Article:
Information on Merchant Accounts,
Ecommerce and Credit Card Processing

February 10th, 2006 by Jamie Estep

Paying with a credit card in a foreign country…

Filed in: Merchant Accounts |

When people travel they often use their credit card. Their credit card will usually work with the same speed and convenience as it will in the US. Even if the charge is in another currency, the whole process is smooth and efficient.

But, when you get your next monthly statement you may notice something called a Forex charge.

When you pay for something is a country with a currency other than your own you are often charged a Forex or foreign exchange fee. This fee can vary be from 1% up to 5 or 6% of the total amount of the transaction. Visa and Mastercard both charge a 1% fee for making a currency exchange. Most card issuing banks will add an additional 2% on top of that, but several banks have 4 and 5% currency exchange fees.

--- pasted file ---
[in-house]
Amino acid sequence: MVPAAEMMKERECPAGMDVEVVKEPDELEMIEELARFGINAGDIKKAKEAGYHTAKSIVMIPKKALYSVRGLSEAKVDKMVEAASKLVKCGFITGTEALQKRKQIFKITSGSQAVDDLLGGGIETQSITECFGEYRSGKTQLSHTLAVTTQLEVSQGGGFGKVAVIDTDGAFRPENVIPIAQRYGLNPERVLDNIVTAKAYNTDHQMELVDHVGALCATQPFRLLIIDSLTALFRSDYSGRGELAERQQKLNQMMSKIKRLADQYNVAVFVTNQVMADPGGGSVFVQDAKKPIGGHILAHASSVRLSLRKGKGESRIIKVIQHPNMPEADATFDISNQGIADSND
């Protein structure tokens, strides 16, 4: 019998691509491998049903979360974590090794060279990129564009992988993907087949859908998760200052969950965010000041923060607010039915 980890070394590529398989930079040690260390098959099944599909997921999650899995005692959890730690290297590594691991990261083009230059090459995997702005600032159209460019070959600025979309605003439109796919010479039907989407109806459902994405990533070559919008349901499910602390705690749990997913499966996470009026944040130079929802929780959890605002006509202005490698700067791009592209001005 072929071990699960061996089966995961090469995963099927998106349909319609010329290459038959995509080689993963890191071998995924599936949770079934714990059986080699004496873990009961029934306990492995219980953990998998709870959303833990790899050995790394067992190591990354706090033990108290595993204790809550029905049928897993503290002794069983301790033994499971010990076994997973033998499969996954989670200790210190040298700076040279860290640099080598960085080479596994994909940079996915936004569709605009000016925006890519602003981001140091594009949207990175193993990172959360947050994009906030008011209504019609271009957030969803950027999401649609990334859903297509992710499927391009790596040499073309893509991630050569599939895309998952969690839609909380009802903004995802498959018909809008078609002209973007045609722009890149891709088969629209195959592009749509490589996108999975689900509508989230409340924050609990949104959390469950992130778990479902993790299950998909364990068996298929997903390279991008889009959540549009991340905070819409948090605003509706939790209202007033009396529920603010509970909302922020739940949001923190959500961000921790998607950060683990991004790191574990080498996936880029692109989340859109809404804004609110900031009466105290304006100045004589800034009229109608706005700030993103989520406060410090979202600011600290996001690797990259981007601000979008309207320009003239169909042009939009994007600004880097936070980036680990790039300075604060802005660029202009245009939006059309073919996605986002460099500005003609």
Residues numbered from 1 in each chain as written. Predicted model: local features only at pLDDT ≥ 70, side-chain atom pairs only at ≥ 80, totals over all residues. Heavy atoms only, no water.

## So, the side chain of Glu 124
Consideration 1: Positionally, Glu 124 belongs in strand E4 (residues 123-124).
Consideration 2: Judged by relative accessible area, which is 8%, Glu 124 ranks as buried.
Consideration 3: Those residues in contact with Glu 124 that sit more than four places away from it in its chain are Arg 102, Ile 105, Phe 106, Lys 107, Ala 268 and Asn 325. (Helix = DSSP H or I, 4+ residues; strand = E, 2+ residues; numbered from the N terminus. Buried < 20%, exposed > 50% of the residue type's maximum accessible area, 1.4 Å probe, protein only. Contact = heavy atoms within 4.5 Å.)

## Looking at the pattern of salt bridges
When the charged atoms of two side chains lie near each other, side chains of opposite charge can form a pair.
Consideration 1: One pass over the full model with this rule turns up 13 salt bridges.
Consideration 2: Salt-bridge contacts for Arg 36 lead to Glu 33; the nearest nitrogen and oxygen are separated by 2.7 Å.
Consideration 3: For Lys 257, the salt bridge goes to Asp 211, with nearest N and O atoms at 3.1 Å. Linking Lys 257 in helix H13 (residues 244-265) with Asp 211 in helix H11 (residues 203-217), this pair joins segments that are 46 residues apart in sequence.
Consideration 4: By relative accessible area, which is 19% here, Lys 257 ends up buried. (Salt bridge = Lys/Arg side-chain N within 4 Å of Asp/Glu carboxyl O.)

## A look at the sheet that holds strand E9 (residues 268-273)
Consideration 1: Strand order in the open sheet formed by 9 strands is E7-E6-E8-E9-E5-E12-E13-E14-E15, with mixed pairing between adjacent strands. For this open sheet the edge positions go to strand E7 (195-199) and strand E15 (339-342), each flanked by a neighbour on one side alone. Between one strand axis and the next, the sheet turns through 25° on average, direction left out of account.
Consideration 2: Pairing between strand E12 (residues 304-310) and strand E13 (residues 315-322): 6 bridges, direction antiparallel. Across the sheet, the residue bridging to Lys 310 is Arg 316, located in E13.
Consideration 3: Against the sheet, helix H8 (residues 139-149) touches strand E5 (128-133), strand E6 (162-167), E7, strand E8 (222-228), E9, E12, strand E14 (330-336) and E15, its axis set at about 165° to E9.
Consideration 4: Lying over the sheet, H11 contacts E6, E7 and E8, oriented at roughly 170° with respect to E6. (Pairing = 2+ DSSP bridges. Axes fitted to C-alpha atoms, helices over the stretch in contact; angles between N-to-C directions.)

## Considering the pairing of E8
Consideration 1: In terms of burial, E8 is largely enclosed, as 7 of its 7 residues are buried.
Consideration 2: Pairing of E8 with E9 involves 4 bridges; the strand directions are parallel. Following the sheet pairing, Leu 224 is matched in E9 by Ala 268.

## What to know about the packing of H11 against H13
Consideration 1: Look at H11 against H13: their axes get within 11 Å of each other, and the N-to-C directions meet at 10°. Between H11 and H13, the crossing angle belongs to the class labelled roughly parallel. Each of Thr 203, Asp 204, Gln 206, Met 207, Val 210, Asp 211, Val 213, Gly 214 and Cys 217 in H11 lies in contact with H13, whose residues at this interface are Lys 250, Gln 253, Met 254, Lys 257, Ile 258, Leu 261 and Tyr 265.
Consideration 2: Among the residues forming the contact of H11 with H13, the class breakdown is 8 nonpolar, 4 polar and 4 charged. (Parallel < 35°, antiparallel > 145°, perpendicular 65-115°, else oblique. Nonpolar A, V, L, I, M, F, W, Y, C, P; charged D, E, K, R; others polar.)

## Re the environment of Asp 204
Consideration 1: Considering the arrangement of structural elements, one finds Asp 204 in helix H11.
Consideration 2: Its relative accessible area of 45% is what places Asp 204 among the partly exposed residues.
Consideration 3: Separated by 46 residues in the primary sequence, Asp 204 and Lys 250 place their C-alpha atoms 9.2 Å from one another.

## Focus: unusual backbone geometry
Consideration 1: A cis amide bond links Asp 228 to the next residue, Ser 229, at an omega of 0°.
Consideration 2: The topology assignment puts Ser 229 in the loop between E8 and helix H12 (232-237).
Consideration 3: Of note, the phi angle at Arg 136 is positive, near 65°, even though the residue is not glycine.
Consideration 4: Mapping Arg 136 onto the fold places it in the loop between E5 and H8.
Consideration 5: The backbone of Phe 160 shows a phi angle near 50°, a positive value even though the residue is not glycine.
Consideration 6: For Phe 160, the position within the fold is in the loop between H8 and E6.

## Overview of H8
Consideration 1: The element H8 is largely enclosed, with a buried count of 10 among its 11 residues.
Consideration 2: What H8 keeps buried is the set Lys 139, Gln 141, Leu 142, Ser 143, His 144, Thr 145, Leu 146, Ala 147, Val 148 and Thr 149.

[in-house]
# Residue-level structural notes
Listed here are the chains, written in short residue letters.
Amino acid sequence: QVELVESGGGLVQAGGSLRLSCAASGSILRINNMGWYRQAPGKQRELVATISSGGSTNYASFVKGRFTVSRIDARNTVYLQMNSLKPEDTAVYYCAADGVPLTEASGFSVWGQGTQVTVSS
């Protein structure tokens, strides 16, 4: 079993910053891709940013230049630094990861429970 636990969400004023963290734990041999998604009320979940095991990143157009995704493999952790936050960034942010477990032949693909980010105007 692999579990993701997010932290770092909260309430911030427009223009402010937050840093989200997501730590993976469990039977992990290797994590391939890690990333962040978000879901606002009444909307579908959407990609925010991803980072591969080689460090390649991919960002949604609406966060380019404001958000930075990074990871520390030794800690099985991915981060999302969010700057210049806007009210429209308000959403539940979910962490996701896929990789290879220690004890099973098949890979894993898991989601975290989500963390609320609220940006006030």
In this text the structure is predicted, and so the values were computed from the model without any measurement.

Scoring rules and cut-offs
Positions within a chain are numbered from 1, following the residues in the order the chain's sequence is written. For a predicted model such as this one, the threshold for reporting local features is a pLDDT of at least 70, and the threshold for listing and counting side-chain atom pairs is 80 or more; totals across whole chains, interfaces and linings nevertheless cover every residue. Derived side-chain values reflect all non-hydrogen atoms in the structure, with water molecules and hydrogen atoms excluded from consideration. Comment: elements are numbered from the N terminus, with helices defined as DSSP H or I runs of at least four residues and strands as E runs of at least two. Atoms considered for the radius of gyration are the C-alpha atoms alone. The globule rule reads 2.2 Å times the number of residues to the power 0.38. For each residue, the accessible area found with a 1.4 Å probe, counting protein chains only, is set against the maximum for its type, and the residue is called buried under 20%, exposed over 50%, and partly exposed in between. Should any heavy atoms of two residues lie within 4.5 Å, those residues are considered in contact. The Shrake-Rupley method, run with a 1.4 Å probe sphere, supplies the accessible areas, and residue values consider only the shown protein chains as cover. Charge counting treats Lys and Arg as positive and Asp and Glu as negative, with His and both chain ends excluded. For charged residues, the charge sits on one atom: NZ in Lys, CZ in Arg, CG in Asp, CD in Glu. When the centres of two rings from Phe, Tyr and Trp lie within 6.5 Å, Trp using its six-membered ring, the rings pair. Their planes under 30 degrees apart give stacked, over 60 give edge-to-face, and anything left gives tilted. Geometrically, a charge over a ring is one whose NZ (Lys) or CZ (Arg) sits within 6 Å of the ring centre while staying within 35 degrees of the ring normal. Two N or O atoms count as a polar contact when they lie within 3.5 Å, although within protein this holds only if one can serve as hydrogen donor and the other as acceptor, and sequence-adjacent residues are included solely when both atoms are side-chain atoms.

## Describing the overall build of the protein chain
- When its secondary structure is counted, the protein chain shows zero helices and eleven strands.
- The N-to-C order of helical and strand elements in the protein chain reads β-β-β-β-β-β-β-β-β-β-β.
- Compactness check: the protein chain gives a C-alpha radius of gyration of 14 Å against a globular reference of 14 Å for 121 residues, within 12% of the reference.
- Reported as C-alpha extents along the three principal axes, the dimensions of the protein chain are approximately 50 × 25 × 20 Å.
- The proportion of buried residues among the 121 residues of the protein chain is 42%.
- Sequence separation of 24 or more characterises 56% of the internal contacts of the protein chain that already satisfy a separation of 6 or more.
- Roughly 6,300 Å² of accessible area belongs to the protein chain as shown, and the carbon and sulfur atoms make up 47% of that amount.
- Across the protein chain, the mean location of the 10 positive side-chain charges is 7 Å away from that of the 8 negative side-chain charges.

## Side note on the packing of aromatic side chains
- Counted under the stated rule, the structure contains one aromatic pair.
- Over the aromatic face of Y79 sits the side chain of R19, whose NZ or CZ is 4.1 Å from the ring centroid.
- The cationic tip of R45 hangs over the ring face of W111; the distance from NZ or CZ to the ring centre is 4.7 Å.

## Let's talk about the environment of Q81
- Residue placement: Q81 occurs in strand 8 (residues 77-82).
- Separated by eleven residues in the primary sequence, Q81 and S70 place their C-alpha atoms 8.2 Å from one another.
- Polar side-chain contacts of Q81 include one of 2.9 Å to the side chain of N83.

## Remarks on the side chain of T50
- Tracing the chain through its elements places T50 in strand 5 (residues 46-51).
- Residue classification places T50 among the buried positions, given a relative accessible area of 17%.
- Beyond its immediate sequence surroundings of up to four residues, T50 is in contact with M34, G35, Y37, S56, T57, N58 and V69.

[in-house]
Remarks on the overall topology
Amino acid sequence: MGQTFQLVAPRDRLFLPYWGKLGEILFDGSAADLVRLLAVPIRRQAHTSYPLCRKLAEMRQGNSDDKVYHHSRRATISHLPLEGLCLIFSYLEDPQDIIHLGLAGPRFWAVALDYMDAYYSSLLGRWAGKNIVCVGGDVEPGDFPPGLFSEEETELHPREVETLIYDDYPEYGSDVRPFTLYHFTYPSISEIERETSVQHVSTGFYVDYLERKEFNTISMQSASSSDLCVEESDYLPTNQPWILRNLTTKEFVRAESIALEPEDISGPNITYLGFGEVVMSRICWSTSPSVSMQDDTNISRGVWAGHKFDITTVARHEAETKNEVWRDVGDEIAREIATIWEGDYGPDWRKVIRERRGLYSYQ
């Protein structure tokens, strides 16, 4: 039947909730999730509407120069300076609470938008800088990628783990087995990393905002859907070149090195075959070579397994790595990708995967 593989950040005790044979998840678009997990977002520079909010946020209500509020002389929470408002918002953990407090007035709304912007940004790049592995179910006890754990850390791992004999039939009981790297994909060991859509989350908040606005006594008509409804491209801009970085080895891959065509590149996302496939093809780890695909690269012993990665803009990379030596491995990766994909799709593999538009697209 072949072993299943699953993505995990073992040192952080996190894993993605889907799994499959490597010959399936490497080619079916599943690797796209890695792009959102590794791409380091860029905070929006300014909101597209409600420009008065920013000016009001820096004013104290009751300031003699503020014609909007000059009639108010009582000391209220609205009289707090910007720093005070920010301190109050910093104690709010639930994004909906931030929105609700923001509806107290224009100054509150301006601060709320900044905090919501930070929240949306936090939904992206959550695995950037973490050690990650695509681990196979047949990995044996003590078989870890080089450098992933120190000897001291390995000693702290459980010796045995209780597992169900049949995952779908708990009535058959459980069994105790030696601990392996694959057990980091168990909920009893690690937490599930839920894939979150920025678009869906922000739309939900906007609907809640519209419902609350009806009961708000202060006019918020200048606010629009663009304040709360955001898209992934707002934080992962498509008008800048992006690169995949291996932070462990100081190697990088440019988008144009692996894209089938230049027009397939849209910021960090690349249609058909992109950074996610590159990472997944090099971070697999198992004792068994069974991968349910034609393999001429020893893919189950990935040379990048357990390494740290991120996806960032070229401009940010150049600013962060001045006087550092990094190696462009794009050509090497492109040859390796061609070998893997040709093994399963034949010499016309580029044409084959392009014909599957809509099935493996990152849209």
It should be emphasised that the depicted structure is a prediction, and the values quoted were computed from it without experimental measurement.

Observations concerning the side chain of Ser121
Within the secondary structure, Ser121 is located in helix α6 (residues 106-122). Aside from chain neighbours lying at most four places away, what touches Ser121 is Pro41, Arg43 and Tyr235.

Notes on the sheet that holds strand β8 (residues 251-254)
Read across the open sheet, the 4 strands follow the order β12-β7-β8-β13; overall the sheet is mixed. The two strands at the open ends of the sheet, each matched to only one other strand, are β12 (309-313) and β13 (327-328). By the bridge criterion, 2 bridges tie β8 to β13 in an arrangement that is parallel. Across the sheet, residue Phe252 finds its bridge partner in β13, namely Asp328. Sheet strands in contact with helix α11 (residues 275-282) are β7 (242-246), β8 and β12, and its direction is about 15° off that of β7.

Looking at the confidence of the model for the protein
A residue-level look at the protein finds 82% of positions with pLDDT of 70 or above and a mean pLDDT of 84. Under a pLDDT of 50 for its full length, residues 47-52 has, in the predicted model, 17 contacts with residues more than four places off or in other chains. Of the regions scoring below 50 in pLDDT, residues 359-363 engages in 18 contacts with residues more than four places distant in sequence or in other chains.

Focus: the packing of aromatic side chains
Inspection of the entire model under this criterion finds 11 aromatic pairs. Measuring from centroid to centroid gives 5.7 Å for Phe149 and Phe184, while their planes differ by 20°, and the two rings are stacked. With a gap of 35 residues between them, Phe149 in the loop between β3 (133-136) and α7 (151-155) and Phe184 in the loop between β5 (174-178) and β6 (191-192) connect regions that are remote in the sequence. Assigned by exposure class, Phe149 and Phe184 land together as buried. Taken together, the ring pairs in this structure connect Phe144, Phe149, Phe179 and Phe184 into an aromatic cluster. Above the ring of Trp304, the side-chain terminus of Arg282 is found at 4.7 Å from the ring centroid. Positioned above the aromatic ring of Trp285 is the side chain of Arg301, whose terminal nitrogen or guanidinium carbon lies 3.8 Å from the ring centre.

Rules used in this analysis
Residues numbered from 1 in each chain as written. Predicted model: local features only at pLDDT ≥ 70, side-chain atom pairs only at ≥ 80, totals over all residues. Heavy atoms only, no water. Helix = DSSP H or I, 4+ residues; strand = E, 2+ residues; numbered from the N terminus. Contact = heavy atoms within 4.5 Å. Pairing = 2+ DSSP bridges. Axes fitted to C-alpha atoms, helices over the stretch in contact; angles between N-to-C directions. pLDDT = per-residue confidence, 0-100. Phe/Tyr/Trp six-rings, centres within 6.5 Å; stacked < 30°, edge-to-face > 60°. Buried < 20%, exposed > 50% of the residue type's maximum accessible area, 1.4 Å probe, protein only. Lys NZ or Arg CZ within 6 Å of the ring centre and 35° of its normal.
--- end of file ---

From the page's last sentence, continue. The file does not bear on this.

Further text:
If you make $3,000 worth of purchases on your credit card, then you could pay an additional $180 in currency exchange fees. If this amount is on your credit card balance then you will also be paying interest on your currency exchange fees.

While this fee is probably unavoidable, you should at the very least, plan for it. Talk to your bank and see what they charge. Add 1% to their charge and that is the minimum you should expect to pay in currency exchange fees for your credit card purchases. An extra $200 is a lot of money when you’re not actually getting anything for it.

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